Motorcycle safety in the Australian outback

Australia is a big country. Planning is crucial for a successful small group motorbike tour into the outback. Explore outback Australia, the deep aboriginal history and the landscapes as well the places explorers such as Sturt roamed. Article outlines approach to personal safety in the outback.

7 Jan 22 · 9 mins read

Motorcycle safety in the Australian outback

For many who ride, the thought of taking one or more Australian outback motorcycle adventures as a road trip to observe first hand the Australian outback spectacular that is the deep history of the first Australians, the landscape, light and the wildlife is an unrealized feature of the bucket list.

Before you commit to this trip or many trips into the Australian Outback, you need to plan when you will go and consider these points also;

  • The outback is suitable during the cooler months, that is late March to Mid October for riding in.
  • Never attempt a unsealed road when the road closed sign is up, if in doubt contact the relevant authorities and ask.
  • Going off road, trails such as the the canning stock route, the route of the Finke desert race, the great central way typically require a different skill set for many hours at a time to just riding on a gravel road. Could you cope?
  • Winter is still hot in the outback, though mornings can be dry and chilly, darkness comes quickly in the North.
  • Recognize the signs of fatigue (and dehydration) as a rider whether in a group or solo, stop and rest.

There are many must do motorcycle trips in Australia ranging from one day too many weeks. Each state provides the opportunity for the reader-rider to consider and plan for one or a collection of unique motorbike road trips. In New South Wales we go west beyond beyond the UNESCO Blue Mountains to Broken hill, the western edge of the desert leading into outback Australia. Your ride could continue onto Mungo National park. Or continue or commence in South Australia heading into Northern Australia and the Northern Territory, via the Flinders range along the Oodnadatta track to Lake Eyre and across to the opal town of Coober pedy, the southern edge of central Australia and indigenous protected areas.

As a rider, you have invested in your bike, it is important and responsible to yourself and for those who care about you including your family that you take any chosen outback motorcycle adventures with your safety and those of your travelling companions as the priority. It will never be a good story if you do not return or do but are permanantly disabled through just a second of lapsed concentration. This article does not cover the consumption of alcohol or other substances. But the residual impact on your ability to make good choices from the potential excessive intake of alcohol the previous day or days could be very dangerous on yourself and members of your bike tour when travelling in the Bush and a split second decision has to be made, hesitation is often the major contributor in a accident. Some Adventure bike magazines and blogs pride themselves on the lucky escape, broken ribs, some bruising, but what is the cause and how could the rider and the group of riders been better prepared.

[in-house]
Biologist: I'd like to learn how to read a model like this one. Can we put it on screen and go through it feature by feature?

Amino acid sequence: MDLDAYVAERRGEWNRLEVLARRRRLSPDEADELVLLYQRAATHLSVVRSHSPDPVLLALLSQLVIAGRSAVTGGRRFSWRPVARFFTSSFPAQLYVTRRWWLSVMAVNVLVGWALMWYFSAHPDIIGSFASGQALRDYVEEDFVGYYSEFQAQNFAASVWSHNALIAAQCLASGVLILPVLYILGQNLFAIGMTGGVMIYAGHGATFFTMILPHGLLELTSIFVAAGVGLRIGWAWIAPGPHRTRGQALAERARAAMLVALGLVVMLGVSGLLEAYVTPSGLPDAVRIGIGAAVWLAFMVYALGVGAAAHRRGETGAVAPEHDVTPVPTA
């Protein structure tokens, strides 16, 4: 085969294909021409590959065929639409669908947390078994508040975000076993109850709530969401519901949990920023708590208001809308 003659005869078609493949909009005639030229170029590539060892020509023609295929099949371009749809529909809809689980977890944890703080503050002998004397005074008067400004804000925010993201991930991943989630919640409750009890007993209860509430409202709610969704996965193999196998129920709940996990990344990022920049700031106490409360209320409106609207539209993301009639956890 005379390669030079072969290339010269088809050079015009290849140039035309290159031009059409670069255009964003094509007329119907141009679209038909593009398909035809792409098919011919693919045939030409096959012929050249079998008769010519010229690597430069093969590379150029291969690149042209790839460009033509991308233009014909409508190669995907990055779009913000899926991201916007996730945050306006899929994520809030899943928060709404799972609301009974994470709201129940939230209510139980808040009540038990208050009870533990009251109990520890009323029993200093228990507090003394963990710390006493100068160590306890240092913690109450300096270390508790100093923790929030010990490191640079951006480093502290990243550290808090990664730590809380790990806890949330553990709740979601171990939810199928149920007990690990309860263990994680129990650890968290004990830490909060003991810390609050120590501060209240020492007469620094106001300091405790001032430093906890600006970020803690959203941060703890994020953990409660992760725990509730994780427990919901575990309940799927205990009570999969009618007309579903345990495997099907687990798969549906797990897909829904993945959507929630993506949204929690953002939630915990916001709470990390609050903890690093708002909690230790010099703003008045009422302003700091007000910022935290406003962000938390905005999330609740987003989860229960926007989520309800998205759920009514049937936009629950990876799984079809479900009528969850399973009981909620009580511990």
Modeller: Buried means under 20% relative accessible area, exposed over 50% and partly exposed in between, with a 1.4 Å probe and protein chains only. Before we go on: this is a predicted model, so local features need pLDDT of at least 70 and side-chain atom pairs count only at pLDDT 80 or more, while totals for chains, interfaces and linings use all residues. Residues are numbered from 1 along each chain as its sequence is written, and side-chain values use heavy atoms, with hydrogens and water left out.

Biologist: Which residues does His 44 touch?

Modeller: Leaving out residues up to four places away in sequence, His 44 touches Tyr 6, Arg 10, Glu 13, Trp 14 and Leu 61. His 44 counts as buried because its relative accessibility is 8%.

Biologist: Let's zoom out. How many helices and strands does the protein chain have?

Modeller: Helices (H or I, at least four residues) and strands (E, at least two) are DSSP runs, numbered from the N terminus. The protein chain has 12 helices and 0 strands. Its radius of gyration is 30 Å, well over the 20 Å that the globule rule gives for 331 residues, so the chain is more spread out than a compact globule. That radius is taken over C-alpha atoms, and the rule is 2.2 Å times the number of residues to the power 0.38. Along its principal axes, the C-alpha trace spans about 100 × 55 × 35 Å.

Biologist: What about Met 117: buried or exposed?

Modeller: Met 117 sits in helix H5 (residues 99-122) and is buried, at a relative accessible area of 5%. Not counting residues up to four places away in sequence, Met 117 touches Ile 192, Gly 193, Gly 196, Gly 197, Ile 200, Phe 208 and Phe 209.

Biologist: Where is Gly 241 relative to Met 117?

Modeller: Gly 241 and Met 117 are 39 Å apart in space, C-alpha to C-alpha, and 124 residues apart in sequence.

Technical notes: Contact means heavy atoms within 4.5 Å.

Life safety in the Australian Outback is your priority.

Whether riding solo or in a small group, the object remains constant, to return from your outback adventure with stories and experiences from Kakadu National park or Kata tjuta (Ayers rock) and Kings canyon to have observed, collected memories to share with families and friends. On this type of outback motorcycle adventure, preparation and awareness of time and distance to travel are the building blocks for a successful outback Australia motorcycle tour that you have dreamed of enjoying.

The following is our list of things to consider beyond your motorbike, helmet, and gloves. Some pointers if you like for you to manage your outback motorcycle adventure to the red centre or across the top end, leaving Port Douglas, crossing outback Queensland into the Northern Territory and into Western Australia, or completing this long distance motorcycle ride across Australia in reverse order. Being prepared is important, the anticipation factor. Many Motorcycle blogs or Adventure magazine articles seem to engage with some of the most unlucky riders out in the Aussie outback, flat tyres, falling off, and striking animals even lack of fuel.

Any outback motorcycle adventure of more than 24 hours into outback Australia needs planning and an understanding and management of the risks and how to manage. For regular explorers, each motorbike road trip into outback Australia should be building on the experience and knowledge gained from the previous motorbike road trip taken.

Suggestions to assist you with being safe on a Australian outback Motorcycle adventures